A publication of the Archaeological Institute of America
Scholars Map Gladiator School in Austria
Wednesday, February 26, 2014
VIENNA, AUSTRIA—An international team of archaeologists has used noninvasive technologies to map the second-century gladiatorial school near the site of Carnuntum, where at least 80 gladiator-slaves lived in a two-story building. The facility, which had a practice arena, heated floors for winter training, baths, infirmaries, plumbing, and a graveyard, was more like a fortress where the men were kept as prisoners, according to Wolfgang Neubauer of the University of Vienna, whose team recently published its findings. “Lots of other people were likely killed at the amphitheater, people not trained to fight. And there was lots of bloodshed. But the combat between gladiators was the point of them performing, not them killing each other,” he told National Geographic Daily News. The initial discovery and reconstruction of the school were included in ARCHAEOLOGY magazine's Top 10 Discoveries of 2011.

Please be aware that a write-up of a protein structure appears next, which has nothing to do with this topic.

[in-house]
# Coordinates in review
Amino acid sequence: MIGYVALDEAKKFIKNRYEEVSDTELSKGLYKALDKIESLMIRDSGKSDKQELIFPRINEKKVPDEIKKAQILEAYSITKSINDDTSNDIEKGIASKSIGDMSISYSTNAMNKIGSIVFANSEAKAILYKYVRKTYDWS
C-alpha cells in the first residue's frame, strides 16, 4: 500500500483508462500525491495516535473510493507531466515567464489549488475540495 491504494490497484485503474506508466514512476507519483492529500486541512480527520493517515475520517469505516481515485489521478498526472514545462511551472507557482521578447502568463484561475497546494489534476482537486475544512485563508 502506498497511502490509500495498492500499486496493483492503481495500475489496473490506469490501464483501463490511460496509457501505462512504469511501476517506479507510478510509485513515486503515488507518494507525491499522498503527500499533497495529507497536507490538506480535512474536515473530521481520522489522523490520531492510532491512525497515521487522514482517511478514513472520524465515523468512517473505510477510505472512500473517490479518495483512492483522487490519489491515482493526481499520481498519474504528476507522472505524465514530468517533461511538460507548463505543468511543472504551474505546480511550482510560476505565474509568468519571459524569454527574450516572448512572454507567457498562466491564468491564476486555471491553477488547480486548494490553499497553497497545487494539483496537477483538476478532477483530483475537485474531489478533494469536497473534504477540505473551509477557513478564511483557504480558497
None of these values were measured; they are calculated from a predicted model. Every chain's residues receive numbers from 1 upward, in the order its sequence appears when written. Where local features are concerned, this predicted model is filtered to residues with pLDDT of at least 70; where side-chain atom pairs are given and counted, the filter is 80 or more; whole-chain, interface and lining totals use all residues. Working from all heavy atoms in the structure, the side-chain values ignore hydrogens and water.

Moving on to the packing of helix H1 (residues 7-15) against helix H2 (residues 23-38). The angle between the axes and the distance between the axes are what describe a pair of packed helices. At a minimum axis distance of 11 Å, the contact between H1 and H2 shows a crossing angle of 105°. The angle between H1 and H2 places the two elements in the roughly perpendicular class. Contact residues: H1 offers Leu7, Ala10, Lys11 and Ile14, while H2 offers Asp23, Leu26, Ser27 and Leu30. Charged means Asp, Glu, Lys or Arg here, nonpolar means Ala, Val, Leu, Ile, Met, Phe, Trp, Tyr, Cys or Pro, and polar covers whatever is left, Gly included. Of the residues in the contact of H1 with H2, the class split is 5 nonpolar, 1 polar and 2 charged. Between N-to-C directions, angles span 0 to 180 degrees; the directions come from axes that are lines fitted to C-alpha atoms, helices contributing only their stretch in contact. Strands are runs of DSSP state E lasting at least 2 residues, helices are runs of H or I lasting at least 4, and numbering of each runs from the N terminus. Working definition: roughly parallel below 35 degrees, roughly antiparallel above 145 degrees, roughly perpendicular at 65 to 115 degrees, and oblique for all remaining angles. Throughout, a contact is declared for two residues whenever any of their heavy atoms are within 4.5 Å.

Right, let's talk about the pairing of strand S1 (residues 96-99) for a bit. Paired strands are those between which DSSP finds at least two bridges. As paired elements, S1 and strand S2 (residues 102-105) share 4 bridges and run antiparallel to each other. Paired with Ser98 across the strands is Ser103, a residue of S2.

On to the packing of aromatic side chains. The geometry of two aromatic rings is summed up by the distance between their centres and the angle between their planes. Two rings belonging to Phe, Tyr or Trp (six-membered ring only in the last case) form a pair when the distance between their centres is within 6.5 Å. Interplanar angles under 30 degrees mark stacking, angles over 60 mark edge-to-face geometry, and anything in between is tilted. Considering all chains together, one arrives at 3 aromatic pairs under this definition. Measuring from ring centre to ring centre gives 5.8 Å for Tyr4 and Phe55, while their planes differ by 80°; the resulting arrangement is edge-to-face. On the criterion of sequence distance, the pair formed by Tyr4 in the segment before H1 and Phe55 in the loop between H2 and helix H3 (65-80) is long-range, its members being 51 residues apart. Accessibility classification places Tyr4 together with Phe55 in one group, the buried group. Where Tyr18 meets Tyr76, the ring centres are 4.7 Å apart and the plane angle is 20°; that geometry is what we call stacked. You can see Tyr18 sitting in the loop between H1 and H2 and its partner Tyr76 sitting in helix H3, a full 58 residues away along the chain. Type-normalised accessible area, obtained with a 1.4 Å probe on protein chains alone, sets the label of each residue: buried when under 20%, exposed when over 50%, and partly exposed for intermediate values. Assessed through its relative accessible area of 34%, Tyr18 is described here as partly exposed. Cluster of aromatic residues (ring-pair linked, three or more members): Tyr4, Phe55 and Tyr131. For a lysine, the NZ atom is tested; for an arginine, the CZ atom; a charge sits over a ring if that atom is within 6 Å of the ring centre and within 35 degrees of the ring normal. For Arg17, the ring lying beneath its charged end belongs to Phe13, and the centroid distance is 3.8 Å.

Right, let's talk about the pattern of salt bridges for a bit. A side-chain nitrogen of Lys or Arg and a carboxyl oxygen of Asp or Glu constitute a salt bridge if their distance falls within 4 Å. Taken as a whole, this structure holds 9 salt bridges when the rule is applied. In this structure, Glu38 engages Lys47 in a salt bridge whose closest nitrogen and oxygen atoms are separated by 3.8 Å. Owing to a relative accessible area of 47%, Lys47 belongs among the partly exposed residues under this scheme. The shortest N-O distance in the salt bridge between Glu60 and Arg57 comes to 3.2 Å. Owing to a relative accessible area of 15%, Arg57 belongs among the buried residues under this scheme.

Alaskan shipwreck survivors, chewing tobacco in the Southwest, Hellenistic chicken farms, a Swedish bishop’s secret, and one tough Scythian
How a Viking warrior got an English sword